Brunch is a huge part of Austin's weekend diner culture, and the competition in this town is steep with so many brilliant culinary minds constantly crafting the next decadent morsel to appease hungry guests. I will admit that for a long time I missed brunch. No, I didn't miss it in as I pined longingly for it. I literally was sleeping through it on most weekend days, much to my dismay. While I am not one of those people who HAS to start their day with breakfast, my boyfriend is, and thus it became quite a challenge to find a quality place still serving a full breakfast menu at 2 pm that wasn't "fast food." However, recently we have begun to find ourselves awake on Saturdays at a normal morning hour and, to our delight, the world of brunch is now within our reach!
Hello everyone! It's been a hot minute since I last posted here. I have been moving to a new apartment, traveling to writers' conventions, and other life cray cray. In the past few weeks I have had some extraordinary bites around town which I would like to share with you, all from Austin institutions that have been around for decades!
Returning to our Tex Mex staples is another iconic Austin restaurant tucked away on busy Oltorf Avenue in South Austin, Curra's Grill. It had been about fifteen years since I had last patronaged Curra's largely in part because of its overwhelming popularity and damnably small parking lot. Of my pet peeves in life, waiting in long lines when I'm super starved is near the top. And in Austin, with so many great options, you have to be in the clutches of a mighty craving or insanely dedicated to a restaurant to do so. That said, being a bit burned out on my go-to Mexican restaurant Azul Tequila, I opted for an early dinner at Curra's and was delighted to arrive just in the nick of time before the dinner rush began. Sometimes it pays to eat at "old people time." Honestly, after the exquisite food I experienced I just may have to reconsider my stance on waiting in line because the dishes I and my companion ordered were craving clutches material, for sure!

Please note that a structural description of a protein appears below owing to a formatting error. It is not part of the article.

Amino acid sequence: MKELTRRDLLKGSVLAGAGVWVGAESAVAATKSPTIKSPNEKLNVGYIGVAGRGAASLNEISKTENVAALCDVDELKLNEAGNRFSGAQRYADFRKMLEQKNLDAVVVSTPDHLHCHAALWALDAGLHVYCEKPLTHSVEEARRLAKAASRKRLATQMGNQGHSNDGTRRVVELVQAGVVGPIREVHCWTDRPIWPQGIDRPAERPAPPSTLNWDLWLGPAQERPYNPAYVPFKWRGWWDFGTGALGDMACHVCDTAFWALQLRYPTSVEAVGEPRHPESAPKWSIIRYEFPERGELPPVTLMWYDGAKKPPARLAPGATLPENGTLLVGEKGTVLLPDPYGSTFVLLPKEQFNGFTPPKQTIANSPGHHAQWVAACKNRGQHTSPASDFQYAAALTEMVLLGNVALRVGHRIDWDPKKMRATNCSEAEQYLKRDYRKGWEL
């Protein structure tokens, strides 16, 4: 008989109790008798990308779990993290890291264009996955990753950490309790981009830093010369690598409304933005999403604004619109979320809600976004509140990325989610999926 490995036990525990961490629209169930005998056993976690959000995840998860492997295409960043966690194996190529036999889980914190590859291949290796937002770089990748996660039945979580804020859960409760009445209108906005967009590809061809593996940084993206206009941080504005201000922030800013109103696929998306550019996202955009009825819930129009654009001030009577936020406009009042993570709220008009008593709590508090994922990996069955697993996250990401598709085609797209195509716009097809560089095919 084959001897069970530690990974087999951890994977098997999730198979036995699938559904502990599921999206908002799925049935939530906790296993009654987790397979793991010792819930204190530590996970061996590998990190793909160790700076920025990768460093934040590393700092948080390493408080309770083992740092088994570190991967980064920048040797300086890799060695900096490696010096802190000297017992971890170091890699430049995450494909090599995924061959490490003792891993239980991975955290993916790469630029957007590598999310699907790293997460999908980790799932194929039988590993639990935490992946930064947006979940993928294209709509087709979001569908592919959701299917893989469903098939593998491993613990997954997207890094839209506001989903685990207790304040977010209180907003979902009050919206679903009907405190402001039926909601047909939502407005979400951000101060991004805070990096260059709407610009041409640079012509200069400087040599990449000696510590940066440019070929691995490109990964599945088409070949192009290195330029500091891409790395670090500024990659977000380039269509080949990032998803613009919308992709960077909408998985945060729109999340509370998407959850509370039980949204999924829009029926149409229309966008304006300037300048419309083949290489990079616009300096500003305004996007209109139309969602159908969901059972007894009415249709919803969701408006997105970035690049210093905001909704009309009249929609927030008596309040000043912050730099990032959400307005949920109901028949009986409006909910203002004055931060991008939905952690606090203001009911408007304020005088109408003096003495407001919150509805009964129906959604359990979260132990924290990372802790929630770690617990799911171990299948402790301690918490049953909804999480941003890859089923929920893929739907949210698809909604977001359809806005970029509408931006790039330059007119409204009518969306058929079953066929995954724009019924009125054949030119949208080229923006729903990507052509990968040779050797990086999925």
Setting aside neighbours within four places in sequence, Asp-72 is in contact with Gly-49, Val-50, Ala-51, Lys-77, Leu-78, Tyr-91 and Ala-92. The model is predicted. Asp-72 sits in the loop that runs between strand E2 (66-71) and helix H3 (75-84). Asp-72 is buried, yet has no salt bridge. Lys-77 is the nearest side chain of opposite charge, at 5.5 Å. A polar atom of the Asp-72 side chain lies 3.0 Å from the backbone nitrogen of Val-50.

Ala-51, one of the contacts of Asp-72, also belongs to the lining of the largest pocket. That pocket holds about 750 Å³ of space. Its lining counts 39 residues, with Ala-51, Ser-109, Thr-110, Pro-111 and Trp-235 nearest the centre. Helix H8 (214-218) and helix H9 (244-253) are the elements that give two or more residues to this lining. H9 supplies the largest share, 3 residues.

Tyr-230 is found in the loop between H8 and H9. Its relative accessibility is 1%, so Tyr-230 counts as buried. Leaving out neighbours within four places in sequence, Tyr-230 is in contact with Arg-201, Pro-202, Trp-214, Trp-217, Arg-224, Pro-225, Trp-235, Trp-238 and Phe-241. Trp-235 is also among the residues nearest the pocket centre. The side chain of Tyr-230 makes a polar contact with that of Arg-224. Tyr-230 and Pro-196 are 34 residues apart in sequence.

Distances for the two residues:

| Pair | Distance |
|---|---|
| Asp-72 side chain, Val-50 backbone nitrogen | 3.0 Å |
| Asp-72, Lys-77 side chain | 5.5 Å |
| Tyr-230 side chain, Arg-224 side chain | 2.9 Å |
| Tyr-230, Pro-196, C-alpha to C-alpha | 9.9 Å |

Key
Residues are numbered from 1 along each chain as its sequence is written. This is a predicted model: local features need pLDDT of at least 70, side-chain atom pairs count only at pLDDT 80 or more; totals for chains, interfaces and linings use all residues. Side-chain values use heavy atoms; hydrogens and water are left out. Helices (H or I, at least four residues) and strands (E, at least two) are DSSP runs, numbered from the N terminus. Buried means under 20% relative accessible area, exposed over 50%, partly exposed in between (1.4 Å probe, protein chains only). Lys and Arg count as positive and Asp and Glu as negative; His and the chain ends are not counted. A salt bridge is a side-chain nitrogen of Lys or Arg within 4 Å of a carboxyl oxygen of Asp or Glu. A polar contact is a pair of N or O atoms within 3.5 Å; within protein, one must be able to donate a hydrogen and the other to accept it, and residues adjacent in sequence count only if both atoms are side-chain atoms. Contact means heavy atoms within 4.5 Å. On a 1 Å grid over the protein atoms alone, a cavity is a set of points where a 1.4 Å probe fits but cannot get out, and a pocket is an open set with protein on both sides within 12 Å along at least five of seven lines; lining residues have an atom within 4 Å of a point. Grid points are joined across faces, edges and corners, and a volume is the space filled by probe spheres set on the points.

As one may imagine, a state as wild and riddled with outlaws as Texas has given birth to more than a few twisted tales of the strange. Miles and miles of sparsely populated plains covered in the gnarled corpses of thorn covered mesquite, prickly pear cactus and dry gray tumbleweed has lent itself well to the cultivation of myths and legends born of superstition and moonshine. No matter how we attempt to civilize the massive state, its restless spirits simply will not be tamed and the rough, iron-willed people who inhabit its small towns have become the story-keepers, passing down the terrifying myths from one generation to the next. Some stories are simply wives tales, old yarns spun to keep the children close to home and the men from getting too rowdy on a Saturday night before Sunday mass arrives. But others hold far more credibility, with eyewitness accounts and chilling documentation that would make a believer out of the most stalwart skeptics.
As of late, after having watched several documentaries about haunted orphanages and “children of the grave”, I have found myself intensely interested in this particular variety of hauntings. Always fascinated with paranormal subject matter and a firm believer in the existence of the supernatural, stories focused around apparitions hold a special allure for me. It is not so much the mere chilling concept of spirits lingering between worlds, unable to rest, but the fact that the stories behind why they remain behind instead of crossing over are often far more disturbing the existence of the ghosts themselves.
I have to admit, first of all, that I am a complete zealot for anything Scottish, especially when it comes to film. Over the years, the Scottish have continually produced noteworthy movies that instantly become classics. The producers, directors and actors alike all seem to have the same intuitive insight as to what makes for a tremendous film. The scripts are almost always superbly written, riddled with clever dialog; the scenes are always staged and cut with a keen eye for action and detail, allowing for the story to unfold naturally with momentum. I may be a bit biased due to my obsession with Scottish history and culture, but I have yet to find myself disappointed with any movie I have seen, thus far. The 2002 werewolf film DOG SOLDIERS, by the producers of HELLRAISER and director Neil Marshal, is no exception, keeping me on the edge of my seat till the rolling credits!